The Lucas Eckels Blog

Friday, April 10, 2009

XBee Roomba problems

While developing the software to use the XBee Roomba adapter I previously described, I discovered the Roomba was spewing data.

My first guess was a bad solder joint, specifically the wire soldered to the mini-DIN connector. If that went open, the voltage divider would pull the data input to the XBee to ground. That joint wasn’t particularly great to begin with, and got pushed around when finishing assembly and using the board.. Unfortunately, I had covered the mini-DIN solder joints in hot glue in an attempt to prevent physical stress, so I couldn’t just heat up the joint and toss on a bit more solder. I replaced the connector with a spare, but the problem was still there.

That’s when I noticed that the amount of bad data didn’t seem to be change when poking at the board and wires, so it probably wasn’t a physical problem. I measured the voltage on the data input pin, and discovered it was only about 1.6V. That puts it in the undefined area of whether the XBee will consider it high or low. So I found the problem.

Different families of logic devices have different ranges of voltages that it will consider high or low, or output as high or low. Unfortunately, the Roomba doesn’t document it’s thresholds, just that it’s a 5V device. It turns out mine seems to output at about 3.4V, at least under the conditions I tested it.

I clipped off the bottom half of the voltage divider (R4), leaving a 1 kΩ resistor between the Roomba’s output and the XBee’s input, and the noise went away. So it works, but is it safe?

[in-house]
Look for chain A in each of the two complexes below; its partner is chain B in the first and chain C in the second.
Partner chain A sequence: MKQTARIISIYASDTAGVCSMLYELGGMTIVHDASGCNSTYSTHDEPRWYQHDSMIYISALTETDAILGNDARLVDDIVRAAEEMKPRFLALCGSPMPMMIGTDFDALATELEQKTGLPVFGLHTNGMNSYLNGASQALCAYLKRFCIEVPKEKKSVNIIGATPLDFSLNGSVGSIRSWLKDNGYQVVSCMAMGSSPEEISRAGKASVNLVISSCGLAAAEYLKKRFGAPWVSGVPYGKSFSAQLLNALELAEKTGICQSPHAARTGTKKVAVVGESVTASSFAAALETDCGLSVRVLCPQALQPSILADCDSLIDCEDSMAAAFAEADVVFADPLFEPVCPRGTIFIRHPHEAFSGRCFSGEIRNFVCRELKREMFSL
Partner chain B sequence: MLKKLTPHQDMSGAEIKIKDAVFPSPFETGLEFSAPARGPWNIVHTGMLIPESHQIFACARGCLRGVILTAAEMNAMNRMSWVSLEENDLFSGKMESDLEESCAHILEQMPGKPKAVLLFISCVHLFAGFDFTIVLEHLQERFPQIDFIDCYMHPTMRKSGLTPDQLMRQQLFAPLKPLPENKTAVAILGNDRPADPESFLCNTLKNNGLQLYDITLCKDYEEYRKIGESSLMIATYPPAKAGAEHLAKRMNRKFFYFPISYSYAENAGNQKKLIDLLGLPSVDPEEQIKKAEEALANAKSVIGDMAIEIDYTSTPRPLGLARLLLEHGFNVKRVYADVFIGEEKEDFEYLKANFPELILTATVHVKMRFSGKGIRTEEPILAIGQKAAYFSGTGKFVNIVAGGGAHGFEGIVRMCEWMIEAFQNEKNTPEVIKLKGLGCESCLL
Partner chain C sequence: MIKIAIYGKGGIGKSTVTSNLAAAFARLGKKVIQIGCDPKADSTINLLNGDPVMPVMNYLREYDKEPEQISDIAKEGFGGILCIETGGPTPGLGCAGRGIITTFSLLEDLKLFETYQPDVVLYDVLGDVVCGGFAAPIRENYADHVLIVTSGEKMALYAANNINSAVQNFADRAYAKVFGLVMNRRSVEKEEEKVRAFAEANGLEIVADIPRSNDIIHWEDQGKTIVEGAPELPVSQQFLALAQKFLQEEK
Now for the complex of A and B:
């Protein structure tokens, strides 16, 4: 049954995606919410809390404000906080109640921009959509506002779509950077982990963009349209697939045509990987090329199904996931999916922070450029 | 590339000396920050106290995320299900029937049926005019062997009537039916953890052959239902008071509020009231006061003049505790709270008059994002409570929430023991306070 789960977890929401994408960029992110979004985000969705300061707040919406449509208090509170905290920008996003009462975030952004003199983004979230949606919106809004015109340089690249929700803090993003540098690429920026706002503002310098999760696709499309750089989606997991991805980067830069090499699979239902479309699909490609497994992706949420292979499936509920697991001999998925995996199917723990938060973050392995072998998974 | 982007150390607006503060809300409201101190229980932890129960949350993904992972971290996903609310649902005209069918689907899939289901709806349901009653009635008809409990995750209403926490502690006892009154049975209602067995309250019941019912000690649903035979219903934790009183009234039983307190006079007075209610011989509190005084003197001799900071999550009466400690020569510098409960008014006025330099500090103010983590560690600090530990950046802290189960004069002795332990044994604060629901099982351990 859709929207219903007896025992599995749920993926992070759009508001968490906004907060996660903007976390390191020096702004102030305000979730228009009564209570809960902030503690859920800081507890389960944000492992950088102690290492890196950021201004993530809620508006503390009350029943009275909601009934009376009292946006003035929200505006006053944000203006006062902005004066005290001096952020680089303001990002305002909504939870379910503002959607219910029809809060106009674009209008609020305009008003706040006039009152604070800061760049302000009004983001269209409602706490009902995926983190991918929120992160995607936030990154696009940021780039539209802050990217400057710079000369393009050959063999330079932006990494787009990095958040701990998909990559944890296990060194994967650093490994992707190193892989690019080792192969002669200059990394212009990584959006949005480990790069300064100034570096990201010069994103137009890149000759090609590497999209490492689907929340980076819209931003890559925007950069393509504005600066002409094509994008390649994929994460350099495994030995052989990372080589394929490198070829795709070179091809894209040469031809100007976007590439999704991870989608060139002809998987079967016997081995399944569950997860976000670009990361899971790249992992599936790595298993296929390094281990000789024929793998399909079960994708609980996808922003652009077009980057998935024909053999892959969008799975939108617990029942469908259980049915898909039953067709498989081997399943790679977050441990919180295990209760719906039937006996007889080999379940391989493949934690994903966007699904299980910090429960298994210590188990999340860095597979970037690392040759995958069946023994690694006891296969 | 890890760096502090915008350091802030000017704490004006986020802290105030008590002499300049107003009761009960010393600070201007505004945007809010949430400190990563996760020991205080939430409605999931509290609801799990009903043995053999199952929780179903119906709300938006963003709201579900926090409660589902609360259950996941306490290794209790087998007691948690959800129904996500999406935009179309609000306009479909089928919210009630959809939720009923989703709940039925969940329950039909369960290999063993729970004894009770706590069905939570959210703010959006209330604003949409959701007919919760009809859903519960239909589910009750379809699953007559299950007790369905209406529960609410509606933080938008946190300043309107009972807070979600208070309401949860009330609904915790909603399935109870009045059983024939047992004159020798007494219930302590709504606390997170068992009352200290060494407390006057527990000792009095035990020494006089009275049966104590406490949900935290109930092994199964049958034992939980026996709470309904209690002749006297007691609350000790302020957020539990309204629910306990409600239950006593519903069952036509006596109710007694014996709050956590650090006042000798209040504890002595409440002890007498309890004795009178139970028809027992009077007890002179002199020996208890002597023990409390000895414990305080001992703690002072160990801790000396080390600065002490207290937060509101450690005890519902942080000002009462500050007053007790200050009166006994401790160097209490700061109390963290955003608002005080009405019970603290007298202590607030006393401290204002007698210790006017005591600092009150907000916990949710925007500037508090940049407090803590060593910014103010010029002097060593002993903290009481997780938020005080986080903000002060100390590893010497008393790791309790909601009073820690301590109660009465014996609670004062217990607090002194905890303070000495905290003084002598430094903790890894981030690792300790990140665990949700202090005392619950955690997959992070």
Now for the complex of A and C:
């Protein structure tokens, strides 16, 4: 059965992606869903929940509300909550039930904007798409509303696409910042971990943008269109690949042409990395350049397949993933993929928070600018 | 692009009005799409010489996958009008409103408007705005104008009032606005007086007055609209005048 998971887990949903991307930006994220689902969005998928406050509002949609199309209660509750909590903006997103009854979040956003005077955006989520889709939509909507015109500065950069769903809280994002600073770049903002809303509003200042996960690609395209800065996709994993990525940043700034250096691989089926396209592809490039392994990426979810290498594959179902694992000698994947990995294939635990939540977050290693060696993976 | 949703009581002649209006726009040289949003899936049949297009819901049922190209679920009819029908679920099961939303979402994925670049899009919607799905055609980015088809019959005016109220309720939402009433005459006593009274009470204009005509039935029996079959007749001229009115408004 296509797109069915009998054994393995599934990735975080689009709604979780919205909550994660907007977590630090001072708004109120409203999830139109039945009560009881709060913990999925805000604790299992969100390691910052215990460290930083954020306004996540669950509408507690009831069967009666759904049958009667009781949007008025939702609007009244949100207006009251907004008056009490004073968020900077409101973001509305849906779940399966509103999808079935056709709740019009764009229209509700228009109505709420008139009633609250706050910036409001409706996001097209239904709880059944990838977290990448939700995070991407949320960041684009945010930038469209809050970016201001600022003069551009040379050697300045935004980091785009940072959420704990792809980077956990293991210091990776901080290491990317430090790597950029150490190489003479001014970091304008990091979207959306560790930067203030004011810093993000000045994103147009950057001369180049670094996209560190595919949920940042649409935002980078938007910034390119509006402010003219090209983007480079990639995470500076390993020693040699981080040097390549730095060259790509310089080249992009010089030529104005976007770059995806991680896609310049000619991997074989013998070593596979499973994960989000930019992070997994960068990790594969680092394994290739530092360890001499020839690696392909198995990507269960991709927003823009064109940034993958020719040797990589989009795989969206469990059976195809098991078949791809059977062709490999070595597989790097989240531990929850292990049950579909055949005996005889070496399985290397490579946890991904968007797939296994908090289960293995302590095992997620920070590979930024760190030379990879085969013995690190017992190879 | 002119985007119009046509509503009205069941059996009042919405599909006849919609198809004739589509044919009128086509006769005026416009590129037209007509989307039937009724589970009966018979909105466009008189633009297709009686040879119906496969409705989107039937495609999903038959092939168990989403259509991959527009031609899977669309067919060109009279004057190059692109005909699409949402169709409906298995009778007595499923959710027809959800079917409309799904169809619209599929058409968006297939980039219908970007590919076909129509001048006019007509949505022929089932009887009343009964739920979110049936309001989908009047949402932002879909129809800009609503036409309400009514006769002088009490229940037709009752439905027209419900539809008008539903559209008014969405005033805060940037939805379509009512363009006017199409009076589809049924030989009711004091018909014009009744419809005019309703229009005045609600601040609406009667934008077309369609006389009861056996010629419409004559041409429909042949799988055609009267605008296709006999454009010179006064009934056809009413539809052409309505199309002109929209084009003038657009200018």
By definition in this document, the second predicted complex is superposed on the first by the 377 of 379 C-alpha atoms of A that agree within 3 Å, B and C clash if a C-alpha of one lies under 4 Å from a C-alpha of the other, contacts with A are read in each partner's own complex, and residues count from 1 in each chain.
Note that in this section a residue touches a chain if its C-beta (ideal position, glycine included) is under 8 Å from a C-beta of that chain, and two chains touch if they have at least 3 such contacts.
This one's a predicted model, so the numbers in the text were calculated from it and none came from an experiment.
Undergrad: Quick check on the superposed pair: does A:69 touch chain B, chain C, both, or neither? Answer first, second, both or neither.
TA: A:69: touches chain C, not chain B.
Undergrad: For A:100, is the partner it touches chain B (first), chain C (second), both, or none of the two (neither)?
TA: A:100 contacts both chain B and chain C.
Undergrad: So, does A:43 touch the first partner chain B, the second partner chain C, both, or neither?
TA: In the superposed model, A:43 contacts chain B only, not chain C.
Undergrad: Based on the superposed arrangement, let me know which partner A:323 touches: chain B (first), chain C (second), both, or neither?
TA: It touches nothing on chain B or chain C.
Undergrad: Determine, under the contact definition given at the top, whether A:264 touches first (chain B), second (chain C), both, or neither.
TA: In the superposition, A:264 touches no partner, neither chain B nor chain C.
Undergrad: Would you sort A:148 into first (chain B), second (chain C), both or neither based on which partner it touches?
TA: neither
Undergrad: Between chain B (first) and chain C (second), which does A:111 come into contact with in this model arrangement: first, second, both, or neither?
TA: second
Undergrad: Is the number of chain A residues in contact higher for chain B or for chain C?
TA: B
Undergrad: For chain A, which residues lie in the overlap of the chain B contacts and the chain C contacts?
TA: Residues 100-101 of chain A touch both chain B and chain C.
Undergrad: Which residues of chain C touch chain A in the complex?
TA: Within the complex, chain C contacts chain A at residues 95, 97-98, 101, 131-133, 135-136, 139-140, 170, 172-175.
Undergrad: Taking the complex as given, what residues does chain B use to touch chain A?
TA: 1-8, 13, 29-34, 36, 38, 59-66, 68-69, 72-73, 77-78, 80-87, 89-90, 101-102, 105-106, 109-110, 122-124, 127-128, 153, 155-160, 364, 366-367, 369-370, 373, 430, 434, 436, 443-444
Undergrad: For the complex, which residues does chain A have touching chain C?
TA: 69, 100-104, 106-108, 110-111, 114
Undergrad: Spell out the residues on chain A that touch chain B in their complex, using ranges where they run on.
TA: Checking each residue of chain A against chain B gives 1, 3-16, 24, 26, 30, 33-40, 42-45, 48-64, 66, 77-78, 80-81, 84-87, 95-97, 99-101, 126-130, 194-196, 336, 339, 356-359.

In short, no. But there isn’t enough documentation to design a safe divider. The XBee doesn’t give a maximum safe voltage, but the EM250 that it’s based on says Vcc + 0.3V. I’m supplying 3.3V to the XBee, so that means up to 3.6V. The Roomba doesn’t document it’s maximum output. If I divide enough to keep safe at 5V input, it wouldn’t work at the measured 3.4V.

For now, I’m living dangerously. The remaining resistor (R3) should protect against high current, which tends to be more damaging. If I damage the XBee, I’ll have to design a new board. And then come up with a use for an XBee without a working serial input.

posted by Lucas at 7:17 pm  

Wednesday, April 1, 2009

XBee adapter for Roomba

A few months ago, I decided on Digi’s XBee modules for my wireless projects. Today I’m showing off the first completed project — a wireless Roomba adapter. This project represents a number of firsts for me.

  • First semi-practical use of XBee
  • First time designing a PCB, using Eagle
  • First custom PCB order, from BatchPCB

The board is pretty simple. It has a voltage regulator and a very simple voltage divider to connect between the Roomba’s 5V and the XBee’s 3.3V serial interface. [edit: See my post on the problem with this design] The XBee is more than just a radio, it has a couple of analog/digital converters, and a couple of general purpose I/O pins. I connected the baud select/wake pin on the Roomba to one of the XBee’s outputs, so I can wake up the Roomba remotely.

There’s no microcontroller on the board. The idea is that all processing will be done remotely, and controller via the Roomba’s serial interface over the XBee link.

The software isn’t far enough along to share, but in the meantime, RoombaComm works if you configure the XBees appropriately.

XBee-Roomba Circuit schematicXBee-Roomba Breadboard prototype

XBee-Roomba PCB designXBee-Roomba Bare PCB

Assembled adapter, top viewAssembled adapter, bottom

Roomba with adapter

posted by Lucas at 10:12 pm  

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